Date: 9/9/2002


................Reorganisation and autonomy

......................Bal Raj Madhok

Jammu & Kashmir State, when it acceded to India on October 26, 1947, had a total area of 84,471 sq miles. It got bifurcated between India and Pakistan on January 12, 1949, when unilateral ceasefire ordered by Pandit Nehru left about 30,000 sq mile area of the State including whole of Gilgit (about 15,000 sq miles), Baltistan minus Kargil and Dras belt (12,000 sq miles) and the Punjabi and Pahari speaking belt along the Jhelum including Mirpur and Muzaffarabad districts and a major part Poonch Jagir (about 3,000 sq miles) in the de-facto control of Pakistan.

It did not include any part of the Kashmiri speaking Valley of Kashmir. It is, therefore, wrong to describe Pakistan occupied territory as "Azad Kashmir". Communist China occupied about 15,000 sq miles area of the Ladakh region of the State around 1959. As a result, J&K State got trifurcated between India, Pakistan and China leaving only about 30,000 sq miles area of this vast State under de-jure and de-facto control of India. It is unfortunate that political leaders and the Indian media have virtually forgotten this forced trifurcation of the State.

The Kashmir valley is surrounded on all sides by high Himalayan ranges which remain snow-bound for many months. All the three passes in the Pir Panjal range which link Kashmir valley with Jammu - Banihal, Nandi Murg and Sinthan - are about 10,000 ft above sea level. The only pass that links it with Ladakh, the Jozila Pass, is about 13,000 ft above sea level. Because of this geographical seclusion, Kashmir all through the history has remained either a separate kingdom or separate province of the various Indian empires that rose from time to time. It was a separate province of the empire built by Ranjit Singh till 1846 when it was acquired by Gulab Singh.

Ladakh lying to the East of Kashmir across the Himalayas is also known as Little Tibet. It has become the biggest centre of Lamaist Buddhism since the occupation of Tibet by China. It attracts pilgrims and tourists from all over the world. Its people speak Bodhi language which is written in Tibetan form of Devanagri script. Their representative organisation - the Ladakh Buddhist Association - submitted a memorandum to Prime Minister Nehru soon after State's accession to India for separation from Kashmir and direct rule from Delhi.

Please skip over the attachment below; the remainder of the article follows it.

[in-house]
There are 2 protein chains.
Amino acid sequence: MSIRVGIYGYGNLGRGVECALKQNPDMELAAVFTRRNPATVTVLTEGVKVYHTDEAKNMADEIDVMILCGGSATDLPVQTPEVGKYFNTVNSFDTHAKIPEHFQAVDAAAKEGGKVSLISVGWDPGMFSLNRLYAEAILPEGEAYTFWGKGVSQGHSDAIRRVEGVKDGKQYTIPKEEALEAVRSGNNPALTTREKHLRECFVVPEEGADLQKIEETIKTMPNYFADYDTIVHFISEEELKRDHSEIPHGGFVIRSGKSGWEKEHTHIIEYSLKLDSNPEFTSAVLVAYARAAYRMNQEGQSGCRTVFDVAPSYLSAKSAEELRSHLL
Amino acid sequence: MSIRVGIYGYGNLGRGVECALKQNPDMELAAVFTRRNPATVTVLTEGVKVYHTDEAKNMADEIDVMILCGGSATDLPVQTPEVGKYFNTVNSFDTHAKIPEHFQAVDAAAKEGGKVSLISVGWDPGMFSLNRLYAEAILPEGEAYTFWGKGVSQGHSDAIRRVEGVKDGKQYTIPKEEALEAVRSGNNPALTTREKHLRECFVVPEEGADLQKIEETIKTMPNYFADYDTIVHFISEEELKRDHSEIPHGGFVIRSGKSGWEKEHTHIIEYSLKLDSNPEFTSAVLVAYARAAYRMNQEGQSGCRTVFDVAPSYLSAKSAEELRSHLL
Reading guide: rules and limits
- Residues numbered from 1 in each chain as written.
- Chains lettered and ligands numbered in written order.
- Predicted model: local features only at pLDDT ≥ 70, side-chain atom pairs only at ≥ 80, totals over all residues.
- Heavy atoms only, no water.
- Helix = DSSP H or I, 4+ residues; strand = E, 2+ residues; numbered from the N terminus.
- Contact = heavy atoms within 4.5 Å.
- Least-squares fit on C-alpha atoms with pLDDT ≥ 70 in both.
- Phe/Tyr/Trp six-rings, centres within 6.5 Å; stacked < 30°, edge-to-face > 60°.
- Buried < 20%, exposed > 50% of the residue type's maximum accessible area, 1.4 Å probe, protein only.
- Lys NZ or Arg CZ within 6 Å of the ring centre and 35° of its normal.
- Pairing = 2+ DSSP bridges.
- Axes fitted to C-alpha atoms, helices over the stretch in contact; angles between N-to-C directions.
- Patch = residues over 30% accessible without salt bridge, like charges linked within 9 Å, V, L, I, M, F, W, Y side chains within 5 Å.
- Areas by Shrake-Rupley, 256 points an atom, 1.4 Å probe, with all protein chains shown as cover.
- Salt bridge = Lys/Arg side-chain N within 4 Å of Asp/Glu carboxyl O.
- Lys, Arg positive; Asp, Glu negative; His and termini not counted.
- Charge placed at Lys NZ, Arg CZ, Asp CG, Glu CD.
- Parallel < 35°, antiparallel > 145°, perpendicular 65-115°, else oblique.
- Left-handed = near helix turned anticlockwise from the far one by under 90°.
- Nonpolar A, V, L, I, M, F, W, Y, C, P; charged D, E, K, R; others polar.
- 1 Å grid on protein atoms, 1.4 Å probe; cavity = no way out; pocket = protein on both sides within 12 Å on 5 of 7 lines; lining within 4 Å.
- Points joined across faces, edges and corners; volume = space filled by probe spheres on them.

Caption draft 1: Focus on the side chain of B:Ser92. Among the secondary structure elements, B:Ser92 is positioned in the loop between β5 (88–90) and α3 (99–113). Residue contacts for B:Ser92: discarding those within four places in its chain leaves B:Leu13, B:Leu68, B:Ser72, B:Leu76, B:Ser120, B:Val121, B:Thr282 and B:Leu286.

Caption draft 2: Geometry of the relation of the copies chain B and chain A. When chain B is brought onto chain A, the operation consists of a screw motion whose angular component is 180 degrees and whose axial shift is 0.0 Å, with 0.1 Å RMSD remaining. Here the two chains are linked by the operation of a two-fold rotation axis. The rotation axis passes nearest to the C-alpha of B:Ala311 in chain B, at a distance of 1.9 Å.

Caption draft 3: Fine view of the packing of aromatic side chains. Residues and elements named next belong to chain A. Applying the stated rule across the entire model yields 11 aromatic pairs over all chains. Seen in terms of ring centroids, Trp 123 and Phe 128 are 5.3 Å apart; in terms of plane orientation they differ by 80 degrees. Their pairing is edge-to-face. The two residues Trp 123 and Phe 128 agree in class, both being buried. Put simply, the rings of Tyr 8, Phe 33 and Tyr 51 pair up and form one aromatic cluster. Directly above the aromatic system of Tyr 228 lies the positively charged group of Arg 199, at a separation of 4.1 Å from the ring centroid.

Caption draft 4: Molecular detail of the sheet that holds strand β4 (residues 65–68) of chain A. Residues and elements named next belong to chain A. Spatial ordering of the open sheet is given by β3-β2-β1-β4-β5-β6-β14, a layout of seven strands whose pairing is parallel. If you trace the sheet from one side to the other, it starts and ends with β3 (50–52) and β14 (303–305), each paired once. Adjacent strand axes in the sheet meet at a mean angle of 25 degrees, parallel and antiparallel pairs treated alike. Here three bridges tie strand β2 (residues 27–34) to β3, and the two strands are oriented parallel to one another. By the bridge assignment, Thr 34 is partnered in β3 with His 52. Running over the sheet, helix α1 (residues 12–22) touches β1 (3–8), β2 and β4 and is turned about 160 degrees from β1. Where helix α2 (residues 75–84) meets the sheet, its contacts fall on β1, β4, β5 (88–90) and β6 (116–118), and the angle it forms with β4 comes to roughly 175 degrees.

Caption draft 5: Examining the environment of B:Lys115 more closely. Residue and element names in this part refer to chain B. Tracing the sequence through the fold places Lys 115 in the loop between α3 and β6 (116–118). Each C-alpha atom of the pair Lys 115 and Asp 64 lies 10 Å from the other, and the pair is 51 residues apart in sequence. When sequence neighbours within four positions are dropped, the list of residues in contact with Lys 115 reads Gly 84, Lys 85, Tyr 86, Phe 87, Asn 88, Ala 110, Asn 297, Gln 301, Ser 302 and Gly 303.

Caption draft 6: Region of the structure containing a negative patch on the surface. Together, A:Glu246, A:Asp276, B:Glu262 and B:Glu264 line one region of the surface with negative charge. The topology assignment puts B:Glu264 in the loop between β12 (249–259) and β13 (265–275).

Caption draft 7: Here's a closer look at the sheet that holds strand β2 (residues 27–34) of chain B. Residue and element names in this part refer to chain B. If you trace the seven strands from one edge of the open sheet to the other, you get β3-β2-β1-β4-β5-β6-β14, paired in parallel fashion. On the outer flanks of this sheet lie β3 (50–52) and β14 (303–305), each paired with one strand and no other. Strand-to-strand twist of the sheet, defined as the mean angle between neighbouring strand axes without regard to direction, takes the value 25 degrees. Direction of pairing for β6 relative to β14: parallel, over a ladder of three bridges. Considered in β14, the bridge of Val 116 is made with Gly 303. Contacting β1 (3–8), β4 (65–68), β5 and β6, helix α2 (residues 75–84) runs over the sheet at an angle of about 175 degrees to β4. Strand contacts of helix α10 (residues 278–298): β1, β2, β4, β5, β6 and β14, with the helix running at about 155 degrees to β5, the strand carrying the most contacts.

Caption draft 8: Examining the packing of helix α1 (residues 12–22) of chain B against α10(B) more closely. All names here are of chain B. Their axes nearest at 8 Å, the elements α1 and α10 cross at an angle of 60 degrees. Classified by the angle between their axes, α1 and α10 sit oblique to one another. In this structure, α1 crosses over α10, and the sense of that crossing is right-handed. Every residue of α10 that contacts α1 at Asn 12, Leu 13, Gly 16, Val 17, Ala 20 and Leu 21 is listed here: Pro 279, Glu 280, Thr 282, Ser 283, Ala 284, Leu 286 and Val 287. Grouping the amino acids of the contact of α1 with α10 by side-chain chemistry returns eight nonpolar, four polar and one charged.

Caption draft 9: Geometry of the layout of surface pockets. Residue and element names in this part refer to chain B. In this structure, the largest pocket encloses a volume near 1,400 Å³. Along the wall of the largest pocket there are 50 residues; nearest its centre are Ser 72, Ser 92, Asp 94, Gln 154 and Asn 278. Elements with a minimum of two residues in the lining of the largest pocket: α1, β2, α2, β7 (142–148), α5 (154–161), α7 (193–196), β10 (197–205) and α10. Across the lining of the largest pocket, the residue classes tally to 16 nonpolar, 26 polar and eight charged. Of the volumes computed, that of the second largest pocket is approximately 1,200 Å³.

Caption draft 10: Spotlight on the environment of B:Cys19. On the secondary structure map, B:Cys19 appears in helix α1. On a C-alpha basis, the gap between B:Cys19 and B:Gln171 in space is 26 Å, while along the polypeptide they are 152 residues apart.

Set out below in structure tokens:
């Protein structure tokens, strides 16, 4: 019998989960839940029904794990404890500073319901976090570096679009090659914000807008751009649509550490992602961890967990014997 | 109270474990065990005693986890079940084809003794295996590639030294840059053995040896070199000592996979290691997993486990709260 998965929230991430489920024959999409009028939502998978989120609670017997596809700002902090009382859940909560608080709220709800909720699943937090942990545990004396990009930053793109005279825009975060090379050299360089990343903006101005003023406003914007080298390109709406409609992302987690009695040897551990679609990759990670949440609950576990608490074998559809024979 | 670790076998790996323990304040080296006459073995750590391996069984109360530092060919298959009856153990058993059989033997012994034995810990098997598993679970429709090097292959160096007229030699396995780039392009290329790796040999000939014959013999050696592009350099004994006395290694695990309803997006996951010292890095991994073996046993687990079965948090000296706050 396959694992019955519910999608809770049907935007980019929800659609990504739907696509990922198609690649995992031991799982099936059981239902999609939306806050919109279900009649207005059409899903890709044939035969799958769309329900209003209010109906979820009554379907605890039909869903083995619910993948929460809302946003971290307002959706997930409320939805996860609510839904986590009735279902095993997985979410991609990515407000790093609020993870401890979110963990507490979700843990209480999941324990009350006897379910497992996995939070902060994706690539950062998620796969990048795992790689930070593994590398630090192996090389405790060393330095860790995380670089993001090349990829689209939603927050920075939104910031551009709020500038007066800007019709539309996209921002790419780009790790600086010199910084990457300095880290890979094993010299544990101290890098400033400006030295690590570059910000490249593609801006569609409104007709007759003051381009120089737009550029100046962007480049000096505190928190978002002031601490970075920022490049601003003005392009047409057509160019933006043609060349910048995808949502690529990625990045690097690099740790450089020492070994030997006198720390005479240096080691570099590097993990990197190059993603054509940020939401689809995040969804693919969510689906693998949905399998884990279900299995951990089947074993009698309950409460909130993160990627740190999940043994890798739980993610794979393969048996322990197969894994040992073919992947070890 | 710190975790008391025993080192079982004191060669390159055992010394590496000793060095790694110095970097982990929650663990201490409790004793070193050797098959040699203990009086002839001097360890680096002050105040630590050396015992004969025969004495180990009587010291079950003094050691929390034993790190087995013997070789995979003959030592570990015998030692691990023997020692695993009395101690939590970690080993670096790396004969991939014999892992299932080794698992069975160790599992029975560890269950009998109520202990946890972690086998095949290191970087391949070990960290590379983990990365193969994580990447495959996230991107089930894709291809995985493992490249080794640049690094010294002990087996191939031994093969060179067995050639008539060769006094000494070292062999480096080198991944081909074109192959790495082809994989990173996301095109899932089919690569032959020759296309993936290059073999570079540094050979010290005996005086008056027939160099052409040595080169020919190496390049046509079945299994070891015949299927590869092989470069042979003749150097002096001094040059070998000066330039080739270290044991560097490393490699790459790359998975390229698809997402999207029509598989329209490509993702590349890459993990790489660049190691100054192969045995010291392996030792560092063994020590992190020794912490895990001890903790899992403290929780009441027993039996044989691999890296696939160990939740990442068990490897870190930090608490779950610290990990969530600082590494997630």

Jammu region extending from Punjab planes to Pir Panjal is inhabited by Dogras who are known for their martial qualities and constitute an important constituent of the Indian Army. Quit Kashmir movement launched by Sheikh Abdullah in 1946 was aimed against them and their Dogra ruler. That added to the distrust of the Dogra people of Jammu for Sheikh and his Kashmiri followers. Jammu Praja Parishad first raised the demand for delinking of Jammu from Kashmir and devolution of power to the people of Jammu as early as 1948.

It is thus clear that demand for reorganisation of the State on the basis of unalterable geography and ground realities and devolution of power to the people of the 3 regions goes back to the time of accession of the State to India. To hand over the administration of the whole State to Sheikh Abdullah who had no locus standii outside the Valley, was a grave blunder. His demand for special status for the whole State was not acceptable to the people of Jammu and Ladakh. That is why opposition to incorporation of temporary Article 370 in the Indian Constitution began from the day one.

Due to over-representation given to the Kashmir valley in the State Assembly, Kashmiri Muslims have developed a kind of imperialistic tendency to dominate Jammu and Ladakh. Process of Islamisation of not only Kashmir but also Jammu and Ladakh has been going on side by side. As a result, Ladakh is on the verge of losing its distinct Buddhist identity. The growing grip of Kashmiri Muslims on the administration of Jammu is a major factor in extension of Islamic terrorism to Jammu. This has made the people of Jammu including its non-Kashmiri Muslim population desperate.

They now want complete administrative de-link of Jammu from Kashmir through reorganisation of the State and formation of separate Jammu State. People of Jammu and Ladakh do not want any kind of special status and more autonomy. But they would not oppose special status for Kashmir valley within the framework of the Indian Constitution. Mr Farooq Abdullah cannot be allowed to impose autonomy of his conception on Jammu and Ladakh. To describe reorganisation of the State on the basis of geography and ground realities given above as trifurcation of the State on communal lines is to betray a communal, anti-secular and anti-national mindset.

http://www.dailypioneer.com/secon3.asp?cat=\opd3&d=OPED 10th Sep 2002